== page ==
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Success in the construction industry requires the ability to understand accounting and financial statements. It is critical for construction company owners and accounting departments to understand what mistakes may be lurking behind the numbers. The summary outlined below covers the three most common accounting mistakes we see in the construction industry.

Misstatements on percentage-of-completion calculation.

For many construction companies, the percentage-of-completion calculation, or over and under billing calculations, drive the financial statements and thus, the accuracy of a company’s financial statements. Job costs are the most important part of this calculation. Tracking remaining job costs is often difficult because the engineer, on-site job manager and company management may all have different opinions on the progress of a job. Management needs to verify the job costs being shown in the accounting records represent an accurate portrayal of the progress on the job. Keeping accurate and up to date estimates requires communication between all parties involved. Management also needs to verify items such as change orders, open purchase orders, invoices and the estimated length of time needed to complete the job have been accurately reflected in the calculation.

Incorrect allocation of overhead to jobs.

Every construction company needs a reliable method for allocating overhead among jobs.Overhead refers to costs that benefit all jobs, such as: rent; insurance; salaries; office supplies; marketing; and professional fees. An accurate allocation method will lead to a more realistic representation of job costs and profitability. Many construction companies allocate overhead based on labor costs or hours, but in some cases this may not be the most accurate method.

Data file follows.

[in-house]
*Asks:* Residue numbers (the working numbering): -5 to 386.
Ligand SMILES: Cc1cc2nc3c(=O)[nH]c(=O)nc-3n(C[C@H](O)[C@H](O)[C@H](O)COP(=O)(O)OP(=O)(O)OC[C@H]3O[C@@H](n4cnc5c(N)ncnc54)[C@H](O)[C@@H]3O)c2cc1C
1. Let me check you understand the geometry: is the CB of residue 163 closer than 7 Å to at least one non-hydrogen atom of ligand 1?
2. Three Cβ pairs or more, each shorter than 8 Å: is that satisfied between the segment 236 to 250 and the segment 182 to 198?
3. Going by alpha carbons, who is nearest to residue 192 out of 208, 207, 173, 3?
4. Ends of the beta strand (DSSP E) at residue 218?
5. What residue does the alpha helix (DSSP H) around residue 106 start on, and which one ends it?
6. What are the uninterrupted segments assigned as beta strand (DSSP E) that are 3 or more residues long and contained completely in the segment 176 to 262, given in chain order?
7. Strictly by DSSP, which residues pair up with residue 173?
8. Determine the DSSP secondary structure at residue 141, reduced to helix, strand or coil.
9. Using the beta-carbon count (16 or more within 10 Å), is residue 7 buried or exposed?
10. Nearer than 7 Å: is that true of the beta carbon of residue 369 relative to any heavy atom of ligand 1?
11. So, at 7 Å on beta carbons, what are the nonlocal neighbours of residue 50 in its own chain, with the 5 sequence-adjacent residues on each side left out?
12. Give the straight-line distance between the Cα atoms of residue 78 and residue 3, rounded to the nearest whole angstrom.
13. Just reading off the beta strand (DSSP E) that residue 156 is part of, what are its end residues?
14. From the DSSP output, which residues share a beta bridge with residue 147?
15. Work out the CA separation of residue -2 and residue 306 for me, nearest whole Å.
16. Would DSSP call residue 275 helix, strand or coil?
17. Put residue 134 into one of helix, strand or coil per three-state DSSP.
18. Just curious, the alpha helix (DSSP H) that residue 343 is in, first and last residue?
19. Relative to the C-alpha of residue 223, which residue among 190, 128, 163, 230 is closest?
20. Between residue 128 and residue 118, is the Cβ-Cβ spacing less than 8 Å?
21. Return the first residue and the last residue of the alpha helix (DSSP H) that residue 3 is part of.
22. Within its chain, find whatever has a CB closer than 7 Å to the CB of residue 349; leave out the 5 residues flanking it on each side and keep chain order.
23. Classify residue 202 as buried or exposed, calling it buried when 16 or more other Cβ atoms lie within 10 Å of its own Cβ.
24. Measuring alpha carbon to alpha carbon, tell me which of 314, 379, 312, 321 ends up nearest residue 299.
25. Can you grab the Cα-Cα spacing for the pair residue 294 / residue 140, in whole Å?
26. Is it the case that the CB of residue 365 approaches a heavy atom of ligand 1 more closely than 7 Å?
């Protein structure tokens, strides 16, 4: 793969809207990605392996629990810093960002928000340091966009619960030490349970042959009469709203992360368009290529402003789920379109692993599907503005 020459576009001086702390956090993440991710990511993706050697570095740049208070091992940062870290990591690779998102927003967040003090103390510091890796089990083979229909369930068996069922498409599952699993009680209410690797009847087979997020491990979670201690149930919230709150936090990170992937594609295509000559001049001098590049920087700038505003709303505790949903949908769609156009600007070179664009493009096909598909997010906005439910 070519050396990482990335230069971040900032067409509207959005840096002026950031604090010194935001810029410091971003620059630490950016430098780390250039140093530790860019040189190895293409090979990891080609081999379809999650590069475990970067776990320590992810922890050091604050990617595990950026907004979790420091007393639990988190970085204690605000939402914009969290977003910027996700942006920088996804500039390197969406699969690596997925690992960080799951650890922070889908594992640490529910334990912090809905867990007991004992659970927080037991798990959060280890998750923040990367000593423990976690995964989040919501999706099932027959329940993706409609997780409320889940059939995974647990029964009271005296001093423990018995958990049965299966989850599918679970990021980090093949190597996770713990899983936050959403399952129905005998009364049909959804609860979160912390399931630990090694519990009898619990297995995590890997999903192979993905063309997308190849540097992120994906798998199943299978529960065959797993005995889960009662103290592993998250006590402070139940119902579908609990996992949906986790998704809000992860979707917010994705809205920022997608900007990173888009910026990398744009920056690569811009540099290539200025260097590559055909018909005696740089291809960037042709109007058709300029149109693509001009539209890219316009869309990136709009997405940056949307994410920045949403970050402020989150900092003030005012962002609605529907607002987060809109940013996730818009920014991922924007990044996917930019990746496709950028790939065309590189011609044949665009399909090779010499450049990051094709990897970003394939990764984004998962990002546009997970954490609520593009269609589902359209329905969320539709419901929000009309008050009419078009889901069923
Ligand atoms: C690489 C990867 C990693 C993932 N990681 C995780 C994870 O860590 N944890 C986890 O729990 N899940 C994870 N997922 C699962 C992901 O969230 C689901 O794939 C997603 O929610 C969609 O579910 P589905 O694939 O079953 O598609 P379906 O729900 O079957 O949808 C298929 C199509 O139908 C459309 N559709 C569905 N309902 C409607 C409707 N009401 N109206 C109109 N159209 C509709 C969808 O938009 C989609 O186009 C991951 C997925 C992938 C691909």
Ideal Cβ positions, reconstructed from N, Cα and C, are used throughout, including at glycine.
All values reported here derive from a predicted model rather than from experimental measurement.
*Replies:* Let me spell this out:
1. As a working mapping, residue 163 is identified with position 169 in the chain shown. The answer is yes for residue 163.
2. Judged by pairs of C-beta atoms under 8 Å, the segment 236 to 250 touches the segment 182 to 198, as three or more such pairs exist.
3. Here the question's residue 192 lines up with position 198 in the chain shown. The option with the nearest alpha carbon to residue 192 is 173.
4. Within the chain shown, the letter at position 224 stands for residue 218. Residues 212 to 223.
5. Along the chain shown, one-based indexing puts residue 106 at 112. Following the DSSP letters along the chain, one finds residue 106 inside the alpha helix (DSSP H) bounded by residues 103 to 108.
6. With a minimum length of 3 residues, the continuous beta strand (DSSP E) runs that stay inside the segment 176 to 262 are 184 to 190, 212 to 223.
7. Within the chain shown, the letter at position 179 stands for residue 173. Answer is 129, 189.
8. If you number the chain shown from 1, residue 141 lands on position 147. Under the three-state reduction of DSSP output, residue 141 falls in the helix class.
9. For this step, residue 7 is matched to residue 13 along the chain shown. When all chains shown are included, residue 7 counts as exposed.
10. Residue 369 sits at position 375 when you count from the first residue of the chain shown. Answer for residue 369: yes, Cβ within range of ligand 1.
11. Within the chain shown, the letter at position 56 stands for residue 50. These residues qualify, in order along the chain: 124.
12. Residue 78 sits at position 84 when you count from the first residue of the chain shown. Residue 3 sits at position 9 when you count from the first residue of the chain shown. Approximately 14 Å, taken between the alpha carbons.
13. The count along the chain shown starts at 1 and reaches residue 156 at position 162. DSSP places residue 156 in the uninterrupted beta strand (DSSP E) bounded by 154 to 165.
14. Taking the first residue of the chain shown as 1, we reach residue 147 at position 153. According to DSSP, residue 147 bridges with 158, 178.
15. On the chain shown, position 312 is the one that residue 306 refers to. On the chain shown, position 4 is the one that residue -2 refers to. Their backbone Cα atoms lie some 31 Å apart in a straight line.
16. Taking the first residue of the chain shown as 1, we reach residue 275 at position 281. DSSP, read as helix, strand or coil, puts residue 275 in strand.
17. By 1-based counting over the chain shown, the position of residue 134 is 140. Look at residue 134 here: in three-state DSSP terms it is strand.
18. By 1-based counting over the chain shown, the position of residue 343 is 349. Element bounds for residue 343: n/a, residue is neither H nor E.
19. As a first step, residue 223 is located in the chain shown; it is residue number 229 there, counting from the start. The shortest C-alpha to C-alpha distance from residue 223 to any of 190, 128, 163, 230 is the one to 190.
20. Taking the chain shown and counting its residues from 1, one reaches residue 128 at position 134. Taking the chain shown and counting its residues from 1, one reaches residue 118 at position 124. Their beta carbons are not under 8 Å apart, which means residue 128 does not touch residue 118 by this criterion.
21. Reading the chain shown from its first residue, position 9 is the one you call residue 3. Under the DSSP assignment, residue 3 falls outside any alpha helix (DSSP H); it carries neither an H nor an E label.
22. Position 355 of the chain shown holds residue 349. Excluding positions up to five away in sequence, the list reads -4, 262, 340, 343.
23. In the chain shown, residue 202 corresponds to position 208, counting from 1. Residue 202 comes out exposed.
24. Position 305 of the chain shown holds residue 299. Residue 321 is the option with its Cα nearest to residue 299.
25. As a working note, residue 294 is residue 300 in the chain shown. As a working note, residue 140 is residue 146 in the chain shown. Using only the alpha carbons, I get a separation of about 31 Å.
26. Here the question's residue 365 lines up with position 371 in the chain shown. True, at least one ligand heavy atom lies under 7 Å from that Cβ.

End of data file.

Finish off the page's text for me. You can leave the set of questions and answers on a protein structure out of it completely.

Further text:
• Some projects may rely more heavily on equipment or materials. In these specific cases, it makes sense to allocate overhead based on one of those costs.

Inaccurate reporting on loss.

As noted above, misstatements on percentage-of-completion calculations are important for management to minimize, however additional considerations are needed if a job is likely to generate a loss. If so, the method requires recognition of loss fully at the time it is determined. Project management should regularly review each project’s costs and should accrue a loss if estimated costs exceed the contract amount.


Smith Schafer is a recognized leader in providing accounting, auditing and consulting services to the construction industry. Our Construction Group, comprised of numerous professionals, is committed to serving over 800 Minnesota construction and real estate entities.

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